In popular folklore, the supermodel - that heady mix of angelic beauty and diva attitude, of sex and excess - was born in the studios of 1960s Chelsea, when certain fashion photographers (David Bailey, Terence Donovan, et al) turned their backs on the arch-eye browed hauteur of the 1950s mannequin and introduced sex into the equation (and, sometimes, the studio).

In fact, she has a forerunner more than a century earlier; a few miles east, in Cranbourne Street near Leicester Square, in 1849, Lizzie Siddal, 20 years old and beautiful, was spotted in the milliner's shop where she worked by a promising young painter, Walter Howell Deverell. Lizzie went on to become, as the model for John Everett Millais’ Ophelia, the most famous face of her generation. But the limitations and frustrations of this role contributed to a deepening drug dependency which, in the tradition of iconic beauties, ended in her dramatic and early death.

In other words, Siddal was a supermodel long before the phrase was invented.

Artists had always used models, of course, but Siddal was different. As model, muse and lover, with her copper hair and flowing, uncorseted style of dress, she shaped the feminine ideal that was central to the aesthetic of the Pre-Raphaelite Brotherhood, a band of painters that included Millais and Dante Gabriel Rossetti (with whom she had a passionate relationship for many years and eventually married) and to whom Deverell was connected.

Models - "stunners", as the artists called them - were of supreme importance. "Women were the central objects of pre-Raphaelite art," says Lucinda Hawksley, whose book, Lizzie Siddal: The Tragedy Of A Pre-Raphaelite Supermodel, examines the extraordinary role she played. "This was especially true for Rossetti. But that was the problem - they were mainly objects."

Hawksley raises perturbing questions about how a woman's status as a beauty can fail to translate into real power or control over her own life - questions that do not relate to the mid-19th century alone. Siddal had, Hawksley says, "traces of Marilyn Monroe about her".

Francine Prose, in her book The Lives Of The Muses, puts it another way: "Feminism has made us rethink musedom as a career choice." There has come to seem something subservient about it - but not in fashion where the concept survives as a relationship between equals. In recent years Sofia Coppola has been cited as a muse to Marc Jacobs, Erin O'Connor to Jean Paul Gaultier, Jade Jagger to Matthew Williamson - and Kate Moss to just about every top designer.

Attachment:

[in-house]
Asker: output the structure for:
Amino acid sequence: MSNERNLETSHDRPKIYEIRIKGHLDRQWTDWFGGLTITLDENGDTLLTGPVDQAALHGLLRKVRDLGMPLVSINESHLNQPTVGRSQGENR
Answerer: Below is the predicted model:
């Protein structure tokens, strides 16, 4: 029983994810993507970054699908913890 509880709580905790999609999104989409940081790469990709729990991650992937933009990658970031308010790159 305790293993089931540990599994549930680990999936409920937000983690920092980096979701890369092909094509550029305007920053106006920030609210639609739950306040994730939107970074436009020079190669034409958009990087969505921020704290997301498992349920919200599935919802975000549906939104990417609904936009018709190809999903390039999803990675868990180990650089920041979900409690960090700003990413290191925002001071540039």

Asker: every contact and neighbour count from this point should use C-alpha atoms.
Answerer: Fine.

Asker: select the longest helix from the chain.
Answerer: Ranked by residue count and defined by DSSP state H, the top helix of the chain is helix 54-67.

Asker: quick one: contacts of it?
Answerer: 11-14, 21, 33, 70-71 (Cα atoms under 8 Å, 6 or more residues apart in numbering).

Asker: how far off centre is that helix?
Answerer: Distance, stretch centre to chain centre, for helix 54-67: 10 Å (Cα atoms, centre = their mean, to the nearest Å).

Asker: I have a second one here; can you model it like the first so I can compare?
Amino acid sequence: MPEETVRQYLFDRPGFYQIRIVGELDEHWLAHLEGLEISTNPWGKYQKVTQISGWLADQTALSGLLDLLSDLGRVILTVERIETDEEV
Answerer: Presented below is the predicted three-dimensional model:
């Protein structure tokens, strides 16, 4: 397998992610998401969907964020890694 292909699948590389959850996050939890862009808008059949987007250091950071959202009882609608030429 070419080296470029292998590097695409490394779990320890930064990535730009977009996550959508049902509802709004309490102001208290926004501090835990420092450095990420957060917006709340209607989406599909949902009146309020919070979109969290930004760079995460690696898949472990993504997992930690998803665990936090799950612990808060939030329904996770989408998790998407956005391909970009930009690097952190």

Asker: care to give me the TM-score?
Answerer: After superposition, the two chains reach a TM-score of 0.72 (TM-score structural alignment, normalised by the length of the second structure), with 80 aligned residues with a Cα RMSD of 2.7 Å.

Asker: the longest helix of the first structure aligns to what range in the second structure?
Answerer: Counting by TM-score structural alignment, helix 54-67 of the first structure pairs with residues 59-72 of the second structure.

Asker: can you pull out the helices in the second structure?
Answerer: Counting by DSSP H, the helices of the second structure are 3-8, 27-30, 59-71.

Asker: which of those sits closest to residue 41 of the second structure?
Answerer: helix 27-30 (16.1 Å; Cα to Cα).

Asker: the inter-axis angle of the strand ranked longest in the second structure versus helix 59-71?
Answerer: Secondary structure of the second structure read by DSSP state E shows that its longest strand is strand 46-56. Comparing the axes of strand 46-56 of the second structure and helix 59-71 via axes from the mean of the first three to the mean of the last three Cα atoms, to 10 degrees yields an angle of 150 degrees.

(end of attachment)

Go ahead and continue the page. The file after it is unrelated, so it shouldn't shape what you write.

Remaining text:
This idolisation of Moss is significant. She is almost unique in the world of modern celebrity in that, apart from one interview (in which she famously admitted to having been drunk for a decade), she never gives even the briefest of quotes to the press, preferring to maintain the old-fashioned silence of the traditional beauty. There are clearly stark contrasts between the life of a modern supermodel and that of Siddal - Moss and her contemporaries are able to enjoy their wealth and status as they please - yet there are parallels, too, in the way of life and, sometimes, the yen for glorified self-destruction.

In her own way, Siddal strove for independence. She did not choose to be an artists' model because she enjoyed mute posing; rather, for a working-class woman, it offered an escape from drudgery. Indeed, she soon aspired to be an artist herself - something that would have been unthinkable without the contacts she had gained through modelling - and enjoyed some success at it, winning the admiration and financial patronage of John Ruskin.

Although her time as an artist was Siddal's most lucrative period, it is as a model that she is remembered. And she was very much a supermodel in that she set, rather than followed, an ideal of beauty. According to Hawksley, "She changed the face of fashion. Her tall, boyish figure, with no breasts and no hips, was not at all the Victorian standard of beauty." And, crucially, her "coppery golden" hair (as her brother-in-law William Rossetti described it) was hugely influential. At a time when red hair was the victim of superstition and prejudice, Siddal flaunted hers, wearing it loose - an unusual style for a grown woman. She made the colour fashionable in artistic circles and a passion for it continues to this day.

Last year, the avant-garde Dutch design duo Viktor & Rolf made up each model in their catwalk show to look like their muse, the actor Tilda Swinton, spraying hair red and lightening brows and lashes; the sensation of this year's catwalks has been the long red hair of young British model Lily Cole.